First, let’s talk about what the “ridesharing bill” is. It’s HB 527, sponsored by Rep. Kenny Havard in the House and co-sponsored by Sen. Paige Cortez in the Senate. HB 527, if it were to pass, would bring Louisiana in line with the vast majority of the states around the country – some 44 of them, as it happens – in having a set of standardized rules for providers of ridesharing services like Uber and Lyft to operate within.
As it stands now, every parish has its own rules for the ridesharing companies, and there are relatively frequent attempts to ruin their business models. Next door in Texas, the loons in control of the city of Austin essentially ran Uber and Lyft out of the city with a set of rules making the service unworkable earlier this year. Consequently, a bill similar to HB 527 has sailed through that state’s legislature in this year’s session, and it awaits Gov. Greg Abbott’s signature. Uber and Lyft have both said they’ll be back in Austin as soon as Abbott signs the Texas ridesharing bill.
The bill presents a somewhat interesting thought experiment to conservatives, because for one thing we’re supposed to prefer local control to that of the state capitol. But that’s not so much of a controlling principle with respect to regulatory issues, given the usual poor performance of often-corrupt local governments when it comes to business regulation. What we want is a maximum of economic freedom, and experience shows leaving the production of that valuable social good in the hands of a Mitch Landrieu or Jamie Mayo is a fool’s errand.
Which is an argument that carried the day in the House, where the ridesharing bill sailed to passage on a 79-12 vote. The expectation was that this bill would sail fairly easily to passage.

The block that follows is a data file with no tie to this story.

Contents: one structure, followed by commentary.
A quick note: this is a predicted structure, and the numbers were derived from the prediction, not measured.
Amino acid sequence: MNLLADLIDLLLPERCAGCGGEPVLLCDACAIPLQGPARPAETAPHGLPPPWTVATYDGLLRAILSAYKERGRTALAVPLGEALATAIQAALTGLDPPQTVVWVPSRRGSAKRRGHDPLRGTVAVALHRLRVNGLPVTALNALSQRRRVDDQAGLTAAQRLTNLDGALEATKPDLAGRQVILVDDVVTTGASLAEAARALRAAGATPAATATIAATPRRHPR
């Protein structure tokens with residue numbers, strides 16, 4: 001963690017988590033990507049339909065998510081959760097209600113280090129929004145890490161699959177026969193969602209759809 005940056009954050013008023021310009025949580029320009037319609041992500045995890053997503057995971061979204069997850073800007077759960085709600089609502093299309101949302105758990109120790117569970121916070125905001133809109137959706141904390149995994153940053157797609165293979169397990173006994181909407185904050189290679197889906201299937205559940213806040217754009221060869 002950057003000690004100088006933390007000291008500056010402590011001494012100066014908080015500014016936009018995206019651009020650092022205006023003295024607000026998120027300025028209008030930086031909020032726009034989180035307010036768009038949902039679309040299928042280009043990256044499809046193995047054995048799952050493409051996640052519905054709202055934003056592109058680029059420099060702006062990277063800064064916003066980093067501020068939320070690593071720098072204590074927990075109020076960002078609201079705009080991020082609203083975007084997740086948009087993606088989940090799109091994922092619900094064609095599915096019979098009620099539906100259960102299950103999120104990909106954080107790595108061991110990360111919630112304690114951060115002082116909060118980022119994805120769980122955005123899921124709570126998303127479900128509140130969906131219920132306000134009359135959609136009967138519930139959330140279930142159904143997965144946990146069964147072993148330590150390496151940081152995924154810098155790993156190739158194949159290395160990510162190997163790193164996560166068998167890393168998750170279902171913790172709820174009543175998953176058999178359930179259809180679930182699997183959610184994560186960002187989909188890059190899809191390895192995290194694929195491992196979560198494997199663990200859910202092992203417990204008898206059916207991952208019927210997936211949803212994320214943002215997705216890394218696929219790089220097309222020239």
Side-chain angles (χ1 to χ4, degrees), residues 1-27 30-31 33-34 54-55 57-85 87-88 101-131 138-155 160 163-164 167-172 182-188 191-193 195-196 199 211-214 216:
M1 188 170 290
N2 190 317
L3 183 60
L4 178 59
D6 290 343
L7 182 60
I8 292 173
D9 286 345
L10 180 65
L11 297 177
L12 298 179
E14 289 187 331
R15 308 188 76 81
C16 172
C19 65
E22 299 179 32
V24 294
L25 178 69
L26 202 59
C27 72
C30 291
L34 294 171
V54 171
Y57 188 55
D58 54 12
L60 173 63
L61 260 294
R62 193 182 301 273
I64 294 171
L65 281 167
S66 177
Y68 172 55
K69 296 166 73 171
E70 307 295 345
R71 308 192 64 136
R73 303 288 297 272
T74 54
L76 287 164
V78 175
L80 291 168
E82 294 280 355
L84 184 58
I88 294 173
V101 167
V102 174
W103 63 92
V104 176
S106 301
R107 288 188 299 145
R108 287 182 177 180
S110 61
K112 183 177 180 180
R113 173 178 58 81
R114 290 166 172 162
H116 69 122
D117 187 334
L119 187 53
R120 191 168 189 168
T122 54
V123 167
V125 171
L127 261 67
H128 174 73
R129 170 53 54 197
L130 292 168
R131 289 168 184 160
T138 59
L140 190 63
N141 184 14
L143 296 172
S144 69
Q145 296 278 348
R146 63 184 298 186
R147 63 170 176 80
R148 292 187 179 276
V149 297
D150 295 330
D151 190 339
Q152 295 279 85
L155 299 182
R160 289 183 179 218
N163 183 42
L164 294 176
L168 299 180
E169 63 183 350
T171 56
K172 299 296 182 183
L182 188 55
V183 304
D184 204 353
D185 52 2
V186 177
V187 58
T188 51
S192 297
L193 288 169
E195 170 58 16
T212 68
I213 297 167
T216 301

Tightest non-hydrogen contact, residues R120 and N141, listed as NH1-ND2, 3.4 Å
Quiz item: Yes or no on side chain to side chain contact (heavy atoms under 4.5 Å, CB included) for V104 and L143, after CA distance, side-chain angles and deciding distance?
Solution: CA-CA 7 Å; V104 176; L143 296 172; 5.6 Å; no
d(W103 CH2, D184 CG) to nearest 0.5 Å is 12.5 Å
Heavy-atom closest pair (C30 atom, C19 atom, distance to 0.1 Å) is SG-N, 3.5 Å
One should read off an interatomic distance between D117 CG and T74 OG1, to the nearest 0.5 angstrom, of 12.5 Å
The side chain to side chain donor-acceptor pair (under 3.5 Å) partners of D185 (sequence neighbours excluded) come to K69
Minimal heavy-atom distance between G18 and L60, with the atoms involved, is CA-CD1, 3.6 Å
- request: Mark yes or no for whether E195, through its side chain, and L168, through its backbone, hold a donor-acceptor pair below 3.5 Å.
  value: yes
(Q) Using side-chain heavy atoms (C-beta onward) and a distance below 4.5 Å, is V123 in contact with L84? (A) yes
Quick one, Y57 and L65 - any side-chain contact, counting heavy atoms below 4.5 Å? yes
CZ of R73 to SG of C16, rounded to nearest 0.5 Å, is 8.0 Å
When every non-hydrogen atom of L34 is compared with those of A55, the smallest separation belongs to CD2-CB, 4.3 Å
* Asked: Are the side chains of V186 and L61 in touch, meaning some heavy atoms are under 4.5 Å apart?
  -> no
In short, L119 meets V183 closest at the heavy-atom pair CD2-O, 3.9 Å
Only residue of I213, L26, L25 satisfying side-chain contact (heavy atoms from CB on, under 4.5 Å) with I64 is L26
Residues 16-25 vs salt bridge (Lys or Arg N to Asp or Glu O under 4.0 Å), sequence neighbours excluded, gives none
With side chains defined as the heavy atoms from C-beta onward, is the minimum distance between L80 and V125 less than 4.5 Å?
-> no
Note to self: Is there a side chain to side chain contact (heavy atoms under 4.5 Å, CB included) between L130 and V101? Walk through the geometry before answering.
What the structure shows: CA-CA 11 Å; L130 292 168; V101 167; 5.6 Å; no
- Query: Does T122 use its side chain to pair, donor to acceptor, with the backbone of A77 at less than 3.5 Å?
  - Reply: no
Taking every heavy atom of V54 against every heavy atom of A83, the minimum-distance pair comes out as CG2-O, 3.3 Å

But that might not happen. John Alario, the Senate President, pulled one of his usual legislative shenanigans when the ridesharing bill came over from the House. Rather than send the bill to the Transportation Committee, which is its obvious proper placement, it’s now going to three different committees.
Three different committees to clear with only two weeks left in the session leaves an exceptionally difficult schedule to meet for the bill to get to the Senate floor for a final-passage vote. Triple referrals at the beginning of a session are a major hurdle; at the end of a session they’re more or less a death sentence.
And the first committee the bill is going to is Judiciary A, which is chaired by Sen. Rick Ward (R-Port Allen). Jud A has a makeup which could be problematic for the bill. It’s also being referred to the Senate & Governmental Affairs committee, which is Karen Carter Peterson’s committee and a place good bills go to die, as well as the Transportation Committee Cortez chairs.
Which means a bill which is law in 44 states, almost all of which rank ahead of Louisiana in most if not all categories affected by the performance of state and local governments, and which is sailing to passage in next-door Texas, is going to be killed by the actions of Alario – who has been in the Louisiana legislature since 1972 and credibly bears much responsibility for the state’s demonstrably low rating in those categories.
In 2020, Alario will be gone, and perhaps the Senate will cease to be a place run by crooked old-school politicians doing the bidding of whoever has purchased the allegiance of its aged caudillo.